But the thing is, as great as the poster is, it doesn’t really add anything that I wasn’t aware of before. I think I get the kind of character that the Joker is by now. The two international posters, on the other hand, highlighted some aspects of the movie that hadn’t been explored much by the campaign so far, and because of that they made me want to see the film more then I wanted before.
I still would love to have this poster on my wall tough.
(click for a larger version)
This new poster for The Eye is very … blue.
After the very weird and oddly upsetting first poster this one is a bit of a letdown. So much less interesting. But I have to admit that it probably does a better job of telling people what the movie is about, even tough it relies heavily on people actually reading what is written in the poster in order to do that. And it does feature the lovely Miss Alba, although she is a little hard to recognize in this particular image.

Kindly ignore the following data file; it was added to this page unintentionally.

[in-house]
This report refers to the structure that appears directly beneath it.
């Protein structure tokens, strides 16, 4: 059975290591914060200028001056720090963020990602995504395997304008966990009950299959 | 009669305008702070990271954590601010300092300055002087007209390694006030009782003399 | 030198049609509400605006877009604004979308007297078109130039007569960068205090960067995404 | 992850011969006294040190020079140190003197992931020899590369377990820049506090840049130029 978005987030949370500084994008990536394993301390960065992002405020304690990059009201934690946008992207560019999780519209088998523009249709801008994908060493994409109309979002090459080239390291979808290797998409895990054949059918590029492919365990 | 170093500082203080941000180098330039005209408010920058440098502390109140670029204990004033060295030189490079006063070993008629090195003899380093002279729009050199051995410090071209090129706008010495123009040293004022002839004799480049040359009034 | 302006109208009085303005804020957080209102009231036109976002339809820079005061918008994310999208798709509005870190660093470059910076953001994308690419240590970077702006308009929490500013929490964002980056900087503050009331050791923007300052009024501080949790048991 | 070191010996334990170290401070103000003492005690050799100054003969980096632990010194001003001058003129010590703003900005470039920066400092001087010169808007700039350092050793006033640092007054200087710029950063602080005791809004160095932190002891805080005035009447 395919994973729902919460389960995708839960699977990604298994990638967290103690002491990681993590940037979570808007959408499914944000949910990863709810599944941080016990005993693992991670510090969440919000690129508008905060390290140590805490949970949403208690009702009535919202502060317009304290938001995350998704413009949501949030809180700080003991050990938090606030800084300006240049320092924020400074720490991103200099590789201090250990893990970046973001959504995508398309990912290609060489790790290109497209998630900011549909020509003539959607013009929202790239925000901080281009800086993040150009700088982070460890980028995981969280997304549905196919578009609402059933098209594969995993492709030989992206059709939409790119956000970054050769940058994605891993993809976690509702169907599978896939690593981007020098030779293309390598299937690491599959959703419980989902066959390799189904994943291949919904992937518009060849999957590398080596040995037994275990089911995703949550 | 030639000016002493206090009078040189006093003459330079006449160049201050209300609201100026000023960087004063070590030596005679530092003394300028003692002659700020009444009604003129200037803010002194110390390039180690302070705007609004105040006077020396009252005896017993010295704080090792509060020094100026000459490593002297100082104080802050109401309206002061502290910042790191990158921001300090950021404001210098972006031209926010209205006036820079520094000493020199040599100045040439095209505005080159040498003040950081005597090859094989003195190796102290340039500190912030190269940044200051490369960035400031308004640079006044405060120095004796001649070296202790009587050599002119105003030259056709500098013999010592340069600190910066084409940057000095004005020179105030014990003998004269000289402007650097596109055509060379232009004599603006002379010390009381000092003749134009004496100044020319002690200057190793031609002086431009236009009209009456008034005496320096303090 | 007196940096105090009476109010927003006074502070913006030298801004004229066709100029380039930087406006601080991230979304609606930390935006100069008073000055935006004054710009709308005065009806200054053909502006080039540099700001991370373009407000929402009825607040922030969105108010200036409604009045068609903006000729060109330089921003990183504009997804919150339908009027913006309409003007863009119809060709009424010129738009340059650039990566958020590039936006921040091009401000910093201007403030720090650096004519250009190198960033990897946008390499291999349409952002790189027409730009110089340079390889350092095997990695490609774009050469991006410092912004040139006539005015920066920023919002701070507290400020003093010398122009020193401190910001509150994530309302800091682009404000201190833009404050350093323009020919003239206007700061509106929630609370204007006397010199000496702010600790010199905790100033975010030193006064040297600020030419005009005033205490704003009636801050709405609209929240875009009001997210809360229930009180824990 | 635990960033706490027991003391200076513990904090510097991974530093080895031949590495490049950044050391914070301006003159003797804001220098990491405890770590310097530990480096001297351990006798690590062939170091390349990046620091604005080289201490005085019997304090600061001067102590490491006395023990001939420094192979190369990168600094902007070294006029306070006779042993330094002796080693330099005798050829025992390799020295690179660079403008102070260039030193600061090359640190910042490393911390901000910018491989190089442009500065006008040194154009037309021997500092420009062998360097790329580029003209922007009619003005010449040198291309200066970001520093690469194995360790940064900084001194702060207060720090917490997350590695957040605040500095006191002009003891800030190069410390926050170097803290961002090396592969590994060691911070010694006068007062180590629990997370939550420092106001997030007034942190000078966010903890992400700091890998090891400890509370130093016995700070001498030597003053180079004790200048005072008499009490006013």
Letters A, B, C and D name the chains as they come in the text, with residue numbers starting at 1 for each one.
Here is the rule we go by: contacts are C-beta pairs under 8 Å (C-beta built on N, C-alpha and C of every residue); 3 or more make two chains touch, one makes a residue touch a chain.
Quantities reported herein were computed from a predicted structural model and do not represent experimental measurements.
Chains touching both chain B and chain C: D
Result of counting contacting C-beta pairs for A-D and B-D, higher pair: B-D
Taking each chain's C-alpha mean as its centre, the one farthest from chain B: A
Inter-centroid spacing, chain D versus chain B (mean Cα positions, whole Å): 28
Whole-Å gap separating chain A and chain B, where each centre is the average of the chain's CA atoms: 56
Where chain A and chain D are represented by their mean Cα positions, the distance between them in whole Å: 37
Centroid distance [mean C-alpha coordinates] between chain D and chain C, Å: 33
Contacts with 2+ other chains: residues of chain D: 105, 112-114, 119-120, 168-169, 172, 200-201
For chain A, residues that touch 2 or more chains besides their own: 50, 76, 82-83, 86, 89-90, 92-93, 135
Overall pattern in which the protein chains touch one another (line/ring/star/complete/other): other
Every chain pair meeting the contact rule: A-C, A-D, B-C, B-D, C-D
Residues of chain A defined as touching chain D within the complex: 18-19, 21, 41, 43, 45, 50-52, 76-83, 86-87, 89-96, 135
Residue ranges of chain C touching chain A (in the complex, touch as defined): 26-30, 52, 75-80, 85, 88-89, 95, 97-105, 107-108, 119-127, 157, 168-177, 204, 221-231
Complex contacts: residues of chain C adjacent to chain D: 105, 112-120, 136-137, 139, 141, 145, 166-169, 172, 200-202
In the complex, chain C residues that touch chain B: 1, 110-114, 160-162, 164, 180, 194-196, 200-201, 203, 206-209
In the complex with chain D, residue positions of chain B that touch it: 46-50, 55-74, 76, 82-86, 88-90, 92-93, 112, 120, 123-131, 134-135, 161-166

As for chill inducing elements, the eyes do call attention to themselves and do get to me a little. Those eyes don’t look like they should be seeing anything. But she seems to spotted something, and I get a little creeped out thinking about exactly what she could be seeing out there in the rain.
And the dictionary definition of cellular whatever at the top of the poster is sinister. Because, you know, dictionary definitions are sinister. I mean, have you ever tried to read the dictionary at night, alone and by candle light? Start with E, and then tell me if that wasn’t the scariest thing ever.
Still, such dull colors.
Well, that didn’t take long.
So, I had just written a post on the first international poster for The Dark Knight, a post in which I mention, among other things, that it’s nice to see a piece of marketing for the film that doesn’t involve the Joker. Then I go online and what do I find? Yes, of course, a new poster featuring the Joker.